I went on a spur of the moment trip and met my daughter in Cambria this past Sunday. It was a little over 3 hours drive about 200 miles north of where I live. The drive up was gorgeous. The most beautiful scenery starts above Ventura where the highway runs along the ocean. The day was sunny with moderate temperatures and the ocean appeared calm and blue. You get a beautiful view of the ocean up to Santa Barbara. Then again above Santa Barbara where you start getting more open countryside. Everything is still green. Up into Solvang there are rolling hills and oak trees. Above there around Los Alamos you start seeing vineyards. The vines are dormant now for the winter. Then you swing by some ocean communities again like Pismo Beach. Onward to San Luis Obispo and you connect with Highway 1 and head toward Morro Bay. Highway 1 then runs along the ocean up to Cambria.
I met my daughter at a restaurant called the Indigo Moon for lunch. She had driven down about 3 ½ hours from Northern California. There is a lovely beach in Cambria called Moonstone Beach. There is a wooden walkway on the bluffs and we took a walk there before sunset and had dinner at a restaurant above the beach. There are many inns along Moonstone Beach and we could see some people sitting out on the balconies.
The next day ,after a delicious breakfast at a local diner called the Cambria Cafe ,we drove a bit further north to San Simeon. The Hearst Castle is located atop the hills here. We did not go to Hearst Castle but I have toured it in the past. The Hearst family owned many acres of land around the castle. My daughter and I said how glad we are that they gave the bulk of the land to a nature conservancy so it will not be developed. What a gift to have all this open land preserved. We went to the beach at San Simeon for more gorgeous views and saw an elephant seal sun bathing on the beach, (photo above). There were signs posted about the elephant seals stating they are a protected species. The signs warned not to approach them too close. It recommended staying back about 50-100 feet from them.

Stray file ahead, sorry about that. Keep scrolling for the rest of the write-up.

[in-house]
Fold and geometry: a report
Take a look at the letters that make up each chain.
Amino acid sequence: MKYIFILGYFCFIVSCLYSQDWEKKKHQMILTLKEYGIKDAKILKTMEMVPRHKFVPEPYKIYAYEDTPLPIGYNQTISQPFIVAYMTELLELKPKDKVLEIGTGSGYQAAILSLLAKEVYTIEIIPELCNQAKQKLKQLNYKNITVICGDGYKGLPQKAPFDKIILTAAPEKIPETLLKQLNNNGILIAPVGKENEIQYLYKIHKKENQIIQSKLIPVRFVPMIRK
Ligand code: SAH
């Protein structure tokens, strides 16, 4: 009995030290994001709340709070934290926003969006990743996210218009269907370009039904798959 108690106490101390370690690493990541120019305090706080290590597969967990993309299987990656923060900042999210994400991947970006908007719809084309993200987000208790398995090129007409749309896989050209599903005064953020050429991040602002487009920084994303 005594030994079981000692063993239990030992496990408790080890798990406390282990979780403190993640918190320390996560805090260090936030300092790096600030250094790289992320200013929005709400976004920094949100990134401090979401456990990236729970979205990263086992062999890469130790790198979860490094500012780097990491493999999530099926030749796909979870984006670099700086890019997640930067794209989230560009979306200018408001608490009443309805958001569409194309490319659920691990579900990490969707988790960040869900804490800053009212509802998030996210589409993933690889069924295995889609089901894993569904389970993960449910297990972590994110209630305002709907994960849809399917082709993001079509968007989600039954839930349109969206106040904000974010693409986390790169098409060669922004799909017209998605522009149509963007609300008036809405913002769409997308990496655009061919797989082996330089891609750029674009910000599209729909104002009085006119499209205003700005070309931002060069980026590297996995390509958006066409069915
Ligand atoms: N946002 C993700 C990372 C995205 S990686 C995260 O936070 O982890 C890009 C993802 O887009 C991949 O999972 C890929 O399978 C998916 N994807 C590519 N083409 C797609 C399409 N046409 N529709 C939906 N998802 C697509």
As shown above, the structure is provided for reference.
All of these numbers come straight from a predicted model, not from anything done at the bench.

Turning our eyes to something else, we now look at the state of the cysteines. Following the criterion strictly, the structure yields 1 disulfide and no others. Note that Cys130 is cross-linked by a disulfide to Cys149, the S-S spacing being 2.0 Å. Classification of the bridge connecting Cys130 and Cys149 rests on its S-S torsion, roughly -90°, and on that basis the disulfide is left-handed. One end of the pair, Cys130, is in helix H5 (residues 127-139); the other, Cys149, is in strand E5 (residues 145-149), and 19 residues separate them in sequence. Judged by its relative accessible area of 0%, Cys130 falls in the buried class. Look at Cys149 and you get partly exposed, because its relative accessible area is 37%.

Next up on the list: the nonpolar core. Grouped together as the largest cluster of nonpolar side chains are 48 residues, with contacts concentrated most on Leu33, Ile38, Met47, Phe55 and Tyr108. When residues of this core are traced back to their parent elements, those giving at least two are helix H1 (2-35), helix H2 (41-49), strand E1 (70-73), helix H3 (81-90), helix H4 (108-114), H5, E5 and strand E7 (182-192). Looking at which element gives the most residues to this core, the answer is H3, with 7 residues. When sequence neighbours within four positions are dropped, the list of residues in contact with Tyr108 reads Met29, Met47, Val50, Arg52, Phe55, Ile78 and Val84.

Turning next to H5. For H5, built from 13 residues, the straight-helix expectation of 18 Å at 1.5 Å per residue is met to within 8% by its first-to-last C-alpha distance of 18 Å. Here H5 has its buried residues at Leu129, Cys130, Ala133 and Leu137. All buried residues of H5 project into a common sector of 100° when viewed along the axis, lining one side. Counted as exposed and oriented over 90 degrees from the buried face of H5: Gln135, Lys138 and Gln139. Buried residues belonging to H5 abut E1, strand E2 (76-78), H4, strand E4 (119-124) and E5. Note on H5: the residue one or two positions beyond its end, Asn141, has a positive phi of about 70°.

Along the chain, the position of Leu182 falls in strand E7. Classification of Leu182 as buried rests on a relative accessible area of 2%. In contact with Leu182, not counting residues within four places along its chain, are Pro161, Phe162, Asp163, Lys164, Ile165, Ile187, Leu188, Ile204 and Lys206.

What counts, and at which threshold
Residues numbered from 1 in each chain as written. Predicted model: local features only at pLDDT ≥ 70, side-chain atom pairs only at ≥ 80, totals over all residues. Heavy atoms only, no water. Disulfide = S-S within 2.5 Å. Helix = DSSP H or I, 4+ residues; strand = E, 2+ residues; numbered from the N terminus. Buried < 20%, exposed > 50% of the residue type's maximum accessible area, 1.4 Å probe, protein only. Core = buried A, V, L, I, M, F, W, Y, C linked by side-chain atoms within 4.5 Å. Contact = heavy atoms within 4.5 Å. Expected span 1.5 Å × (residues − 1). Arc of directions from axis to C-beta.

When we first saw the elephant seal I was worried it was sick, injured or worse because it was laying so still. Then it opened its eyes, looked around and, as we walked over to look, started to roll over and yawn.
It had a snout, that looked like a short elephant trunk, called a proboscis. I spied a couple of pointy teeth in its lower jaw. I thought it was a young male because of its size. It had some open wounds around its neck. I told my daughter that maybe it had gotten in a fight with an older male and been driven off. A park ranger later confirmed it was a male probably about 5 years old.
My daughter and I did a little hiking along the beach and on the bluffs above. It was so beautiful with clear blue skies and sunshine that reflected off the water. We saw a few monarch butterflies among the eucalyptus trees above the beach. The eucalyptus were so fragrant as we walked along and stepped on their fallen leaves and acorns. The Eucalyptus tree is not native to California. It was brought to California in the 1850s during the California Gold Rush from Australia.
We said goodbye in the early afternoon to make our drives in opposite directions. This trip made me realize I need to do this more often. Get out and see the beauty that is so close and is the California coast.